How to get the new COVID vaccine for free, with or without insurance

Federal health officials are urging Americans to contact their insurance companies after reports of some people encountering problems getting their new COVID-19 vaccine shot for free. These problems have occurred despite programs and requirements designed to make the images available without purchase price to all Americans.

The obstacles are new for this year’s commercial rollout of COVID-19 vaccines from Moderna and Pfizer, which is now listed for more than $100 on the private market. Earlier during the pandemic, vaccines and boosters everyone had been paid for by the federal government.

“There have been a number of errors with billing codes [and] shipment of vaccines,” Dr. Céline Gounder, CBS News medical contributor and public health editor at KFF Health News, said on “CBS Mornings” Tuesday.

Officials say this year’s hiccups in coverage of the shots should be temporary as insurers and vaccinators work to fix problems in the systems that handle billing for the shots.

“My sense is that these are bugs that will be fixed pretty quickly, but if not, please know first of all that you don’t have to pay out of pocket to get the COVID vaccine,” says health and Human Secretary Xavier Becerra told reporters on September 20.

Here’s the latest we know about the policies to make COVID-19 vaccines free, and how to find shots without cost.

Free COVID vaccine for people with insurance

Under federal law, plans must cover Vaccines against covid-19 at no cost to you through providers within your insurance company’s network.

If there are no vaccinators in your network who can offer the shot, insurance companies are required to cover the out-of-network service without cost sharing.

“If you have private insurance — whether it’s private, Medicare, Medicaid — you should have your free vaccine at no cost to you. It’s covered by insurance,” explained Gounder. “But because of these errors, there have been some issues. You may want to wait until early to mid-October just to get these things resolved. If you get your vaccine now, you may have to resubmit or appeal a denial. , but you should get it for free.”

ONE “cheat sheet” by the nonprofit KFF, seen below, lays out some details about coverage for Americans covered by private insurance, Medicare and Medicaid.

A chart from the health policy nonprofit KFF details COVID-19 vaccine coverage rules by insurance type and for people who are uninsured.


The requirement to cover shots began immediately too updated fall 2023 photos after they were given the go-ahead by Food and Drug Administration officials saiddeletes a month long grace period private insurance companies typically have to implement new vaccines.

“I am writing to ask for continued partnership and also to remind you of legal obligations to cover the vaccines,” Becerra wrote in a letter dated 22 September to health insurance companies, with a description of the claim.

Becerra said federal health officials have been urging insurers for months to “start working on getting your systems ready” ahead of the fall vaccine rollout.

However, pharmacies and doctors have complained about problems with some insurers not updating their billing systems for the shots, leading some to be turned away from their deals.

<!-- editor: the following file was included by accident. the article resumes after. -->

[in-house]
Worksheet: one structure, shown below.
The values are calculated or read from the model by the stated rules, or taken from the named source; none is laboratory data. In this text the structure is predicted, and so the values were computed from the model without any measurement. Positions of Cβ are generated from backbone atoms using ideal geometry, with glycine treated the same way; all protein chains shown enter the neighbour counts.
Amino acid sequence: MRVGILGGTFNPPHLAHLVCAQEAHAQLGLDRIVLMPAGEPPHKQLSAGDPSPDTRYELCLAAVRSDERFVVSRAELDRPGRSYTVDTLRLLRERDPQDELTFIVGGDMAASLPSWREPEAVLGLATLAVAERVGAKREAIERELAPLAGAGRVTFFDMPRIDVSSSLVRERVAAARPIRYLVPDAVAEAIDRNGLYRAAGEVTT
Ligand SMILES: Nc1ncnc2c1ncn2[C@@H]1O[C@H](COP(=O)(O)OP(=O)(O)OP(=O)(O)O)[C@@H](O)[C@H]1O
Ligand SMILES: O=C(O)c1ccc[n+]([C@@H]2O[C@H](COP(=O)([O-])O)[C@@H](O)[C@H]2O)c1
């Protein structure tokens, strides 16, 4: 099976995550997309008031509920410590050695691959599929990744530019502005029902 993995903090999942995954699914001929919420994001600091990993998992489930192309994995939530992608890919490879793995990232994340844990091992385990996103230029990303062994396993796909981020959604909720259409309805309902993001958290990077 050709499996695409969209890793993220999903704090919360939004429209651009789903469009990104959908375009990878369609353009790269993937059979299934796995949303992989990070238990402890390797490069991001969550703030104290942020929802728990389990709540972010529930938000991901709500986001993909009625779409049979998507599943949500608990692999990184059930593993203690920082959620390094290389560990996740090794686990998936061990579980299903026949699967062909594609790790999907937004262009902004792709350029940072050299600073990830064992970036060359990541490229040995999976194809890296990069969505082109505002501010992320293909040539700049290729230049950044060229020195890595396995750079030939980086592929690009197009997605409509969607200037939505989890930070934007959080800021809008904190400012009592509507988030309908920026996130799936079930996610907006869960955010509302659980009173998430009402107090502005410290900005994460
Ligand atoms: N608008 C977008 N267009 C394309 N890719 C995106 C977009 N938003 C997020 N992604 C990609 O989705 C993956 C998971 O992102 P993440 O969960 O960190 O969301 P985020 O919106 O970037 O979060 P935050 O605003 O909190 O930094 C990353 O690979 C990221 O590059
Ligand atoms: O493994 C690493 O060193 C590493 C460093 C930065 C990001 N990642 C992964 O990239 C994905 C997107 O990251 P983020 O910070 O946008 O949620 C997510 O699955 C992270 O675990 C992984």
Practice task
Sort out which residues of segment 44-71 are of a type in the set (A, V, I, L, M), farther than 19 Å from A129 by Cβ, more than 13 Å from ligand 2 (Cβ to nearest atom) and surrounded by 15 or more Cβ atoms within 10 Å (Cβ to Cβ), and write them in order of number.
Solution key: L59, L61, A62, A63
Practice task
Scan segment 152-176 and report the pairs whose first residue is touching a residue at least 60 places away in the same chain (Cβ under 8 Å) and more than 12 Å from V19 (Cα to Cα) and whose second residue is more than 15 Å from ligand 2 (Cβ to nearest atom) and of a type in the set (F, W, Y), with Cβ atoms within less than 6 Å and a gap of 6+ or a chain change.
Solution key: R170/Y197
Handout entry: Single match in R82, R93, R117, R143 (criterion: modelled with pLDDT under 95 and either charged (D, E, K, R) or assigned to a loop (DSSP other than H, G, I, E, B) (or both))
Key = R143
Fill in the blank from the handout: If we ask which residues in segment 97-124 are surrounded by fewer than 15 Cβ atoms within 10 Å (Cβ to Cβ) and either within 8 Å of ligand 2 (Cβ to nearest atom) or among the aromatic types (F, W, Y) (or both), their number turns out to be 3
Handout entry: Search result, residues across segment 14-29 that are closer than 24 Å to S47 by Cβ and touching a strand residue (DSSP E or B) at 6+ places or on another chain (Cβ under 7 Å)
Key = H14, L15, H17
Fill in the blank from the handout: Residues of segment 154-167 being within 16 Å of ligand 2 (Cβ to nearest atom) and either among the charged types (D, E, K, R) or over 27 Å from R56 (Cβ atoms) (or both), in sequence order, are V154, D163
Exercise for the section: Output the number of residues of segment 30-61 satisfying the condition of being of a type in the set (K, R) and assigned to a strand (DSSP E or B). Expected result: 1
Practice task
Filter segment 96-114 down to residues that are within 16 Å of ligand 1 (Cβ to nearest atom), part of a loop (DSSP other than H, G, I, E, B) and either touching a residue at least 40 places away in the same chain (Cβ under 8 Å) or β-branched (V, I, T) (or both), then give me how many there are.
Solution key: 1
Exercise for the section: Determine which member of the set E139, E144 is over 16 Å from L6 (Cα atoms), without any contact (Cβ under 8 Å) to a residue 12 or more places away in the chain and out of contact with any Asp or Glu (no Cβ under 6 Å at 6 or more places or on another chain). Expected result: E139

“The guidance that the CDC and CMS put out earlier to be able to start implementing, a lot of plans didn’t even follow that,” Mitchel Rotholz of the American Pharmacists Association said on Sept. 22 at 1 p.m. meet of federal vaccine advisors.

Experts at the meeting acknowledged that rolling out rocks is far from unheard of for new vaccines, with other shots against RSV and pneumococcal bacteria also hitting problems in insurance coverage and availability this year.

“There needs to be some stronger enforcement to put that in place unless we’re going to continue to face these obstacles,” Rotholz said.

In his letter, Becerra said he urged insurers “to act as soon as possible.”

“In the meantime, I encourage consumers to reach out to their plans or issuers so you can meet your obligations as easily as possible,” he said.

Free COVID vaccine for people without insurance

Americans without insurance can find shots for free at sites in the federal “Bridge Access Program” run by the Centers for Disease Control and Prevention.

Sites with available images in the program can be found online through

The include health centers supported by the federal government, vaccinators who get shots through their local health departments, and many retail pharmacies, including Walgreens and CVS.

Vaccinators in the Bridge Access program are supposed to give shots to uninsured Americans at no expense, after asking them if they have health insurance. Pharmacies in the program then receive payment from the federal government for each dose they administer.

Patients are not supposed to prove they don’t have health insurance to get free shots from the program. However, uninsured Americans who run into challenges can sometimes ask pharmacists to run their information into the system to show they’ve paid for prescriptions in the past.

“The Broad Access Program is designed to get rid of patient barriers to COVID-19 vaccines. The burden of verifying patient eligibility will be on our health systems, not on patients,” CDC said in an FAQ published about the program.

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